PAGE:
Is Processing a Language?

This question is covered in the FAQ on Processing.org, but still tends to reappear on the board every few months (most recently here). Someone once described Processing syntax as a dialect of Java, which sounds about right to me. It’s syntax that we’ve added on top of Java to make things a little easier for a particular work domain (roughly, making visual things). There’s also a programming environment that significantly simplifies what’s found in traditional IDEs. Plus there’s a core API set (and a handful of core libraries) that we’ve built to support this type of work. If we did these in isolation, none would really stick out:

  • The language changes are pretty minimal. The big difference is probably how they integrate with the IDE that’s built around the idea of sitting down and quickly writing code (what we call sketching). We don’t require users to first learn class definitions or even method declarations before they can show something on the screen, which helps avoid some of the initial head-scratching that comes from trying to explain “public class” or “void” or beginning programmers. For more advanced coders, it helps Java feel a bit more like scripting. I use a lot of Perl for various tasks, and I wanted to replicate the way you can write 5-10 lines of Perl (or Python, or Ruby, or whatever) and get something done. In Java, you often need double that number of lines just to set up your class definitions and a thread.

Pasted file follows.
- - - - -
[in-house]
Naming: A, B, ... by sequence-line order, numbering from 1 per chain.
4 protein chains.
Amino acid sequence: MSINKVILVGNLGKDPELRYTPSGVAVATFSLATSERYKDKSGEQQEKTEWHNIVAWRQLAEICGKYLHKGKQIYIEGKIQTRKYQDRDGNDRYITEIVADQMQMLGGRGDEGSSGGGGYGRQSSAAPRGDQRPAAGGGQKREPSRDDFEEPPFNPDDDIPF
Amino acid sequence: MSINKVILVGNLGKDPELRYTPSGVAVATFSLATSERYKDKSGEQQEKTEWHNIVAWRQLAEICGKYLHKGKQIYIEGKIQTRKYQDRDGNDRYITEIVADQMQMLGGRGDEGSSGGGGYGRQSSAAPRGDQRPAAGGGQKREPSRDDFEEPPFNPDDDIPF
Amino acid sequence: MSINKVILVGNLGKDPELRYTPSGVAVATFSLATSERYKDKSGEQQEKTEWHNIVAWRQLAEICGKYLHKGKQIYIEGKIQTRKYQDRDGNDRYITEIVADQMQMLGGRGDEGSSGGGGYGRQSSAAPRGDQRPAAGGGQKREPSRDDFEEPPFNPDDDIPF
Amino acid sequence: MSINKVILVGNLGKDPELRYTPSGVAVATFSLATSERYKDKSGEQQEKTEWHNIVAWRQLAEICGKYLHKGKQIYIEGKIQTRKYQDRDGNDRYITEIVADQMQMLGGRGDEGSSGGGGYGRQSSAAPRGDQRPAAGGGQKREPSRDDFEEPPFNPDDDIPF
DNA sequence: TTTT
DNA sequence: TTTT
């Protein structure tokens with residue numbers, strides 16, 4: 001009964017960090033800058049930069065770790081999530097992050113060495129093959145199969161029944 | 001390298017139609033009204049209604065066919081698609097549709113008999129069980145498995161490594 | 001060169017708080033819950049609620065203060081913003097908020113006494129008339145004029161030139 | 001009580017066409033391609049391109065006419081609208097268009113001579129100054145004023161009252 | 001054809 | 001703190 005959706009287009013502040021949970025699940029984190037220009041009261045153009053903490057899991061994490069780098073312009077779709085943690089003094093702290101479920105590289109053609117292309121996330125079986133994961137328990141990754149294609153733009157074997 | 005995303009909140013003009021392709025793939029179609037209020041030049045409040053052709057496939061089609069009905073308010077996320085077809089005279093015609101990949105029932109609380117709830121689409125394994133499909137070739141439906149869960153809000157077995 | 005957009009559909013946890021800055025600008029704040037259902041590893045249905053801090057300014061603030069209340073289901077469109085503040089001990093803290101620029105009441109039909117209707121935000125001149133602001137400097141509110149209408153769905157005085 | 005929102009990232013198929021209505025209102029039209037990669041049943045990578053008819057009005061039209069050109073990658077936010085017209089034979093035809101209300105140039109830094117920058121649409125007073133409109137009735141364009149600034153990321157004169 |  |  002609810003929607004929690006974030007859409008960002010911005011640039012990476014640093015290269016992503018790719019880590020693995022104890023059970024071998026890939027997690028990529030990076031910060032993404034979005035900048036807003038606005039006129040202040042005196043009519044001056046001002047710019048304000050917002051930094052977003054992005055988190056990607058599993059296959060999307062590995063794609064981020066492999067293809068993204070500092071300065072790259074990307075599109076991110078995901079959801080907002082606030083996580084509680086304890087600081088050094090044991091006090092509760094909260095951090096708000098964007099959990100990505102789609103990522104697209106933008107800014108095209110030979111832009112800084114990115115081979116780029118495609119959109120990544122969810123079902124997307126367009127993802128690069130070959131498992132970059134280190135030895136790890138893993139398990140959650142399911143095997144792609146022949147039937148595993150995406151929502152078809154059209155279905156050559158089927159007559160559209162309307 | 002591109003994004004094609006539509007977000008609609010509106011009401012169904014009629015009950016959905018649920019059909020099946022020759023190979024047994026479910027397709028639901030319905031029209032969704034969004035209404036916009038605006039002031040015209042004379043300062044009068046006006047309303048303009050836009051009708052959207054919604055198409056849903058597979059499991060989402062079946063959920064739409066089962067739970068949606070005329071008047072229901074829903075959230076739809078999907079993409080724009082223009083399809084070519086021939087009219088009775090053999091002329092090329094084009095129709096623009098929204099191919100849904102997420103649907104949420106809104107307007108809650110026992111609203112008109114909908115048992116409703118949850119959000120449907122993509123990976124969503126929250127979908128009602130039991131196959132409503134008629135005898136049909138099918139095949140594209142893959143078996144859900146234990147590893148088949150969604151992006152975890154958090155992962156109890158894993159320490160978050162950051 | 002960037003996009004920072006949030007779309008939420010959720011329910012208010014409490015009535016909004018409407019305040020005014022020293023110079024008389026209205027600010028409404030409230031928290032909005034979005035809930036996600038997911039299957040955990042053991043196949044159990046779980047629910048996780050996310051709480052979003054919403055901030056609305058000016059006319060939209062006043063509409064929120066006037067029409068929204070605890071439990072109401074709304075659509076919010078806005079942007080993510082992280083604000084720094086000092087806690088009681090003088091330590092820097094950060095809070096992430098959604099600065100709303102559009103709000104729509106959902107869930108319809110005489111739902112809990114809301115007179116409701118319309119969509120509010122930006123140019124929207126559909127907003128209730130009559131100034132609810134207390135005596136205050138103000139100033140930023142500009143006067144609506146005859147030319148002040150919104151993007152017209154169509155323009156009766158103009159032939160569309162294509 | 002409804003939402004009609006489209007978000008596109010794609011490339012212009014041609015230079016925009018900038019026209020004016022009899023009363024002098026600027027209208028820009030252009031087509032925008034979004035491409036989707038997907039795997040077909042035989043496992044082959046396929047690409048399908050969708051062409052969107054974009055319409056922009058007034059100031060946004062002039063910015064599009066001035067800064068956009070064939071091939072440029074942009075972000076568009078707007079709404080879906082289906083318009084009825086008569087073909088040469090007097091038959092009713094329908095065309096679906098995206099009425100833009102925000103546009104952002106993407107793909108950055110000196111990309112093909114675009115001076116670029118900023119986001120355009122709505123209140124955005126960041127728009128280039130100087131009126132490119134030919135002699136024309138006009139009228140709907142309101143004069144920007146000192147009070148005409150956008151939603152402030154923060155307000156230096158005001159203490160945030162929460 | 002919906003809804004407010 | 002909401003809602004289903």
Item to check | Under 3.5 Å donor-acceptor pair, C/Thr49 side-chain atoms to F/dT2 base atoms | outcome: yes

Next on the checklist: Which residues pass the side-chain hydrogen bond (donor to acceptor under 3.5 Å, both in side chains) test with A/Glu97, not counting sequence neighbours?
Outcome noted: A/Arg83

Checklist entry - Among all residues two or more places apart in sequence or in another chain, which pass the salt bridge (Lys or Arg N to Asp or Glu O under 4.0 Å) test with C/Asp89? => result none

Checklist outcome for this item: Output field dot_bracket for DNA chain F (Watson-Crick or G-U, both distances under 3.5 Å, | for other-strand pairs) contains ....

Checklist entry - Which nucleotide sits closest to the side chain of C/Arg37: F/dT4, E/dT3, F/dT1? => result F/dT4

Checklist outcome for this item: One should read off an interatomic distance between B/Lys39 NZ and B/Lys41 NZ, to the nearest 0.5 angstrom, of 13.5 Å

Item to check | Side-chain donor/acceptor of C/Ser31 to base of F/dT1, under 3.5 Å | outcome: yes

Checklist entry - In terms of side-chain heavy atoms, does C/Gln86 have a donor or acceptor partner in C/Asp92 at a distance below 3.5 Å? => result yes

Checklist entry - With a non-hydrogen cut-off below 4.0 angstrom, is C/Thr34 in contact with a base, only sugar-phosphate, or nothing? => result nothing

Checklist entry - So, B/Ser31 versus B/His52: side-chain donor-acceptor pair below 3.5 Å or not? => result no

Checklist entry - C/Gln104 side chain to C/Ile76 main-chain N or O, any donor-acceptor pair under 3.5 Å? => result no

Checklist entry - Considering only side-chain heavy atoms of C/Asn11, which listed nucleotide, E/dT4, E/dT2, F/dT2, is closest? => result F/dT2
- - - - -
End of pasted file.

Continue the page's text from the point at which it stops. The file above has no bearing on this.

• The API set is a Java API. It can be used with traditional Java IDEs (Eclipse, Netbeans, whatever) and a Processing component can be embedded into other applications. But without the rest of it (the syntax and IDE), Processing (API or otherwise) it would not be as widely used as it is today. The API grew out of Casey and I’s work, and our like/dislike of various approaches used by libraries that we’ve used: Postscript, QuickDraw, OpenGL, Java AWT, even Applesoft BASIC. Can we do OpenGL but still have it feel as simple as writing graphics code on the Apple ][? Can we simplify current graphics approaches so that they at least feel simpler like the original QuickDraw on the Mac?
  • The IDE is designed to make Java-style programming less wretched. Check out the Integration discussion board to see just how un-fun it is to figure out how the Java CLASSPATH and java.library.path work, or how to embed AWT and Swing components. These frustrations and complications sometimes are even filed as bugs in the Processing bugs database by users who have apparently become spoiled by not having to worry about such things.

If pressed, perhaps the language itself is probably the easiest to let go of—witness the Python, Ruby and now JavaScript versions of the API, or the C++ version that I use for personal work (when doing increasingly rare C++ projects). And lots of people build Processing projects without the preprocessor and PDE.

In some cases, we’ve even been accused of not being clear that it’s “just Java,” or even that Processing is Java with a trendy name. Complaining is easier than reading, so there’s not much we can do for people who don’t glance at the FAQ before writing their unhappy screeds. And with the stresses of the modern world, people need to relieve themselves of their angst somehow. (On the other hand, if you’ve met either of us, you’ll know that Casey and I are very trendy people, having grown up in the farmlands of Ohio and Michigan.)